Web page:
The local honey hives are important for the natural ecosystem

I am starting to hear more stories about the mining operations at the center of the state.

I was told that it’s mostly phosphorous, but I wonder if that’s all they’re taking out of the Earth.

Regardless of their aims, our entire ecosystem in this state is suffering greatly from the extensive mining. It’s corrupting the water tables and the aquifers underground and that’s poisoning our drinking water as well. It worries me what this place will be like when I’m old and my children have children of their own. I already know of several rivers and lakes further inland that are now so severely polluted that you can’t even swim in them, let alone eat any of the fish if you decided to cast out a line. One of the few rays of hope in my community’s natural ecosystem are the local honey hives. There is a cooperative of beekeepers who all contribute money towards using space at a shared location for their personal bees and hives. Although the bee populations are capable of mixing, it creates a huge honey bee population which is fantastic for farming. The beekeepers also sell the honey harvested from these hives and it has turned our city into an area known for its delicious honey. Some of the beekeepers also offer free bee removal and bee relocation services. They will drive to your home and remove entire hives, free of charge. They get more honey bees in the process while your bee “problem” is corrected with any slain bees. Everyone wins in this situation.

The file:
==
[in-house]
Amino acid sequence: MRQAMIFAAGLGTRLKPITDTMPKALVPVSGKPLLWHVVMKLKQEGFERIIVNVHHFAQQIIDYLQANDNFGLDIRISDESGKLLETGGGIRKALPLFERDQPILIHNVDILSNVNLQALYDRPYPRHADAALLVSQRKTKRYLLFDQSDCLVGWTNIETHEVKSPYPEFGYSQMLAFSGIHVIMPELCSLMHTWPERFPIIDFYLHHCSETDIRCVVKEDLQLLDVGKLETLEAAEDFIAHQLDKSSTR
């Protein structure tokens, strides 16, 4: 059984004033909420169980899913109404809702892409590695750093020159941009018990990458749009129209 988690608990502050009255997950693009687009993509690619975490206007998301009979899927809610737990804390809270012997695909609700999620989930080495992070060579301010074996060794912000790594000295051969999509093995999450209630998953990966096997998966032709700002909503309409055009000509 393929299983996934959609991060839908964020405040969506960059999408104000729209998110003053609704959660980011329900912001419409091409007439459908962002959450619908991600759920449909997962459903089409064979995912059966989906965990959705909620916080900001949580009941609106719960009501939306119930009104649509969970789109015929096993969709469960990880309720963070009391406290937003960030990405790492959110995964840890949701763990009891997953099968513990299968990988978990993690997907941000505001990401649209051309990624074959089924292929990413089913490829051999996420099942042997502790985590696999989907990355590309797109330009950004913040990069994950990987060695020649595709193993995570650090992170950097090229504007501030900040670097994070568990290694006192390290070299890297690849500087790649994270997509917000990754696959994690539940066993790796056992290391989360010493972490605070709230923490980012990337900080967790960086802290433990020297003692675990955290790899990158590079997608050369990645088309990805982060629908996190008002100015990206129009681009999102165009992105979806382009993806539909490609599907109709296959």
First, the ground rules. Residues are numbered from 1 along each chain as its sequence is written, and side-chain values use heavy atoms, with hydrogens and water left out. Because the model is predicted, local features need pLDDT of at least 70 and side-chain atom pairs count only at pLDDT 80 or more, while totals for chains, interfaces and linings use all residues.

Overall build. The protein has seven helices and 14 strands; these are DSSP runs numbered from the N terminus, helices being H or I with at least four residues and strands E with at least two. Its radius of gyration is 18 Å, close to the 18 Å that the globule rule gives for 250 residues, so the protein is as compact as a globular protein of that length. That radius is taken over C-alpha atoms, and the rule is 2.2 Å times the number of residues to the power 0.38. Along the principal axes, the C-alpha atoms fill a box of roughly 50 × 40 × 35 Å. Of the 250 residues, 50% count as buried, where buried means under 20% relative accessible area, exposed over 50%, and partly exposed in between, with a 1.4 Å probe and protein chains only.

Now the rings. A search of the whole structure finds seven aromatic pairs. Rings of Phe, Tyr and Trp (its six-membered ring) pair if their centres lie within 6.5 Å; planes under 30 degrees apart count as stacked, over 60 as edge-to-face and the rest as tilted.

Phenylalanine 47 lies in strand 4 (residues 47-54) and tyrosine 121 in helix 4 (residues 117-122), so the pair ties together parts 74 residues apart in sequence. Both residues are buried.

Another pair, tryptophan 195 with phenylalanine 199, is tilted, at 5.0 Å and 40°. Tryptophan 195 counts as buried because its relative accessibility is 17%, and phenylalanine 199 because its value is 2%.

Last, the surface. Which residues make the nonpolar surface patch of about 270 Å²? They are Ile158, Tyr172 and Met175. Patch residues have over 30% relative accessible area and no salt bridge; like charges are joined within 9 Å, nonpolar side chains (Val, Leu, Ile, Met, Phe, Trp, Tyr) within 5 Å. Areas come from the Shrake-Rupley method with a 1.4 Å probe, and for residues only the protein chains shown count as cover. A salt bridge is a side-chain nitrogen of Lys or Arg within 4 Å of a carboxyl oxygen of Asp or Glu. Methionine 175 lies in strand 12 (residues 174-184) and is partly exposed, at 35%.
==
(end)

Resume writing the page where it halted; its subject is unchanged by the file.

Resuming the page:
Residential bee removal